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Before iBooks. Before Twitter, Facebook, YouTube, and even the mighty Google.

A world without web browsers, when the Internet belonged to

universities and going online meant logging onto an electronic

bulletin board. Now imagine being able to smell it all coming -

not the details BUT the impact of a networked world on culture,

business, politics, daily life.

These were the preconditions that spawned  Wired magazine.

In 1988, Louis Rossetto, a 39-year-old adventurer, onetime novelist, and avid libertarian,

sensed that the encoding of information in 1s and 0s was going to change everything.

Living in Amsterdam at the time, he and Jane Metcalfe, his partner in business and life,

had parlayed his job at an obscure language-translation service into a magazine,

Electric Word. Produced on an Apple Macintosh, it evoked a digital universe that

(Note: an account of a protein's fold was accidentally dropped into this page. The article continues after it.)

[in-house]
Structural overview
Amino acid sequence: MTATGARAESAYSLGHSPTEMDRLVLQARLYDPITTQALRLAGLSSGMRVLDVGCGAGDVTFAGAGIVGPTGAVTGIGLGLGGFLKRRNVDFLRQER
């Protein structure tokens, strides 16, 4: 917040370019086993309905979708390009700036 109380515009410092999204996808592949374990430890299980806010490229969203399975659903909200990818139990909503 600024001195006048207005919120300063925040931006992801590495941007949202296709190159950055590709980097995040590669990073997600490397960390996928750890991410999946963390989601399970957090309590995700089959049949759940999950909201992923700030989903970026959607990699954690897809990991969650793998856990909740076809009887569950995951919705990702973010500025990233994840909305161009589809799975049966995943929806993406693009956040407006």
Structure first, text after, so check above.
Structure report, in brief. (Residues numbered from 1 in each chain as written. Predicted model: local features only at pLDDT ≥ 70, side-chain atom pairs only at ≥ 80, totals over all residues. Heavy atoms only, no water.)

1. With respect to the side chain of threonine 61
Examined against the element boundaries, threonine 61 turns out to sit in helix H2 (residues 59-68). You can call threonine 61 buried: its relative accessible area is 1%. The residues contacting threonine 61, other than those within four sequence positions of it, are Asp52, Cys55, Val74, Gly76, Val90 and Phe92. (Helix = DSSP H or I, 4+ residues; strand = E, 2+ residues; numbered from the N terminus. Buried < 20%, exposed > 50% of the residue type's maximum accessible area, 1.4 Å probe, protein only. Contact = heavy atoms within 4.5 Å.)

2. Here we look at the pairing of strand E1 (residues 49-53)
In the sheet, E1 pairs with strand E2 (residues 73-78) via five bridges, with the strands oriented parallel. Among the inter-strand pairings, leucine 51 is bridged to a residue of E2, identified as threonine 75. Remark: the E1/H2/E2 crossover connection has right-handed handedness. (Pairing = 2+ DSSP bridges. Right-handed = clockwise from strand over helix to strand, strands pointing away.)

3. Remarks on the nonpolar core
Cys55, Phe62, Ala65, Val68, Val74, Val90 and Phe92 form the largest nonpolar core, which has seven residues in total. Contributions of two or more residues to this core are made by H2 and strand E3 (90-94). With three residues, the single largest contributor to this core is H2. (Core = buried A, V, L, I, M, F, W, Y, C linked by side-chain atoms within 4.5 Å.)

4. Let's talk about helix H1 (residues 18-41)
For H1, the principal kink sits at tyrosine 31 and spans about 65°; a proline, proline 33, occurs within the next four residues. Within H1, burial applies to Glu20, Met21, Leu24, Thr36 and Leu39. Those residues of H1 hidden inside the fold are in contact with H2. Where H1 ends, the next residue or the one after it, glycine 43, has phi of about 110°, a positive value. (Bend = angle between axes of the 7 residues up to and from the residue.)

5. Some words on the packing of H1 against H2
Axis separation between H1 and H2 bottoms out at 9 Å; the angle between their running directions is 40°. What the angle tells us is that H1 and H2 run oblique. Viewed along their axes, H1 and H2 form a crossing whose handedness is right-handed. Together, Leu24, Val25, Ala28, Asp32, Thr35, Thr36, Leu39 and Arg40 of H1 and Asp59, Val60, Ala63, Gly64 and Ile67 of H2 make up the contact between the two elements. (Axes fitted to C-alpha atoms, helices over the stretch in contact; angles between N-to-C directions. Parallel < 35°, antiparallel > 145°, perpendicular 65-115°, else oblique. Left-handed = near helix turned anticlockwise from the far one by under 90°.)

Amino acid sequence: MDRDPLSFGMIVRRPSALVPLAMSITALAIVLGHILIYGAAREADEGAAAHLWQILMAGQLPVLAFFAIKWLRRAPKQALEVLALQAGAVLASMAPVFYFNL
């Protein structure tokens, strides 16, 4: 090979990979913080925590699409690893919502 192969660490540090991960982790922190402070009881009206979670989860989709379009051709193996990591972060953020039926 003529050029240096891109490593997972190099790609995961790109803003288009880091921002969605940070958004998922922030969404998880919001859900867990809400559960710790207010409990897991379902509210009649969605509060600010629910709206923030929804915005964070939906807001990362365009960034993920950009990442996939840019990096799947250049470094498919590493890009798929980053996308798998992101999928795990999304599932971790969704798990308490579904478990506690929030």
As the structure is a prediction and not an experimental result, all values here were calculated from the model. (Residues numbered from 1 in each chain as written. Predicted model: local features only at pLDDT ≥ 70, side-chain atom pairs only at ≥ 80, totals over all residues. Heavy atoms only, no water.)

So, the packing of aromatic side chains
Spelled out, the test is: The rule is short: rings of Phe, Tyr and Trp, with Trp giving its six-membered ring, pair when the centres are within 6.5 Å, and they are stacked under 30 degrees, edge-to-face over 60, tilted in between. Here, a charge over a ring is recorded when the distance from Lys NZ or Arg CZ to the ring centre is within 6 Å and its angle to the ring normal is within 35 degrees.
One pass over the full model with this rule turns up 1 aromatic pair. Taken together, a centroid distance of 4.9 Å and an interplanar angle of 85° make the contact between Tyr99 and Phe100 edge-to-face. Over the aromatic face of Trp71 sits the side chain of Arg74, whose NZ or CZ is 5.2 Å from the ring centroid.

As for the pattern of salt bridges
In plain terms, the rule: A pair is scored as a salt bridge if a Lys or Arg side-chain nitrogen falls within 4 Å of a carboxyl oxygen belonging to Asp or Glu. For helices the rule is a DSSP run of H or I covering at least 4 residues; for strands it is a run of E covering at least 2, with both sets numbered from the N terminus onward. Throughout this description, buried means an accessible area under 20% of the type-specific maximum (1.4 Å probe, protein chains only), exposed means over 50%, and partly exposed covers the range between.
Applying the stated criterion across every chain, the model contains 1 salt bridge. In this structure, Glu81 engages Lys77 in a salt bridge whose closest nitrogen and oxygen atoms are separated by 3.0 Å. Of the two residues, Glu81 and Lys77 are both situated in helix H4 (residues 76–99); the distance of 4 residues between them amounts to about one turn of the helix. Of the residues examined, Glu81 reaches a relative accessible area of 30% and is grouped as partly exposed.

was not about gadgetry but a force for global transformation.

Over the following year, the couple hammered out a business plan for a new magazine,

tentatively called Millennium, that would take this revolution to the US mainstream.

Technology, Rossetto predicted, would be the rock and roll of the ’90s, and the pair

aimed to make Millennium its standard-bearer.

THE REST IS HISTORY so to speak.

BUT after 20 years of celebration of the Danger Room -

It's Finally Time for Something New 


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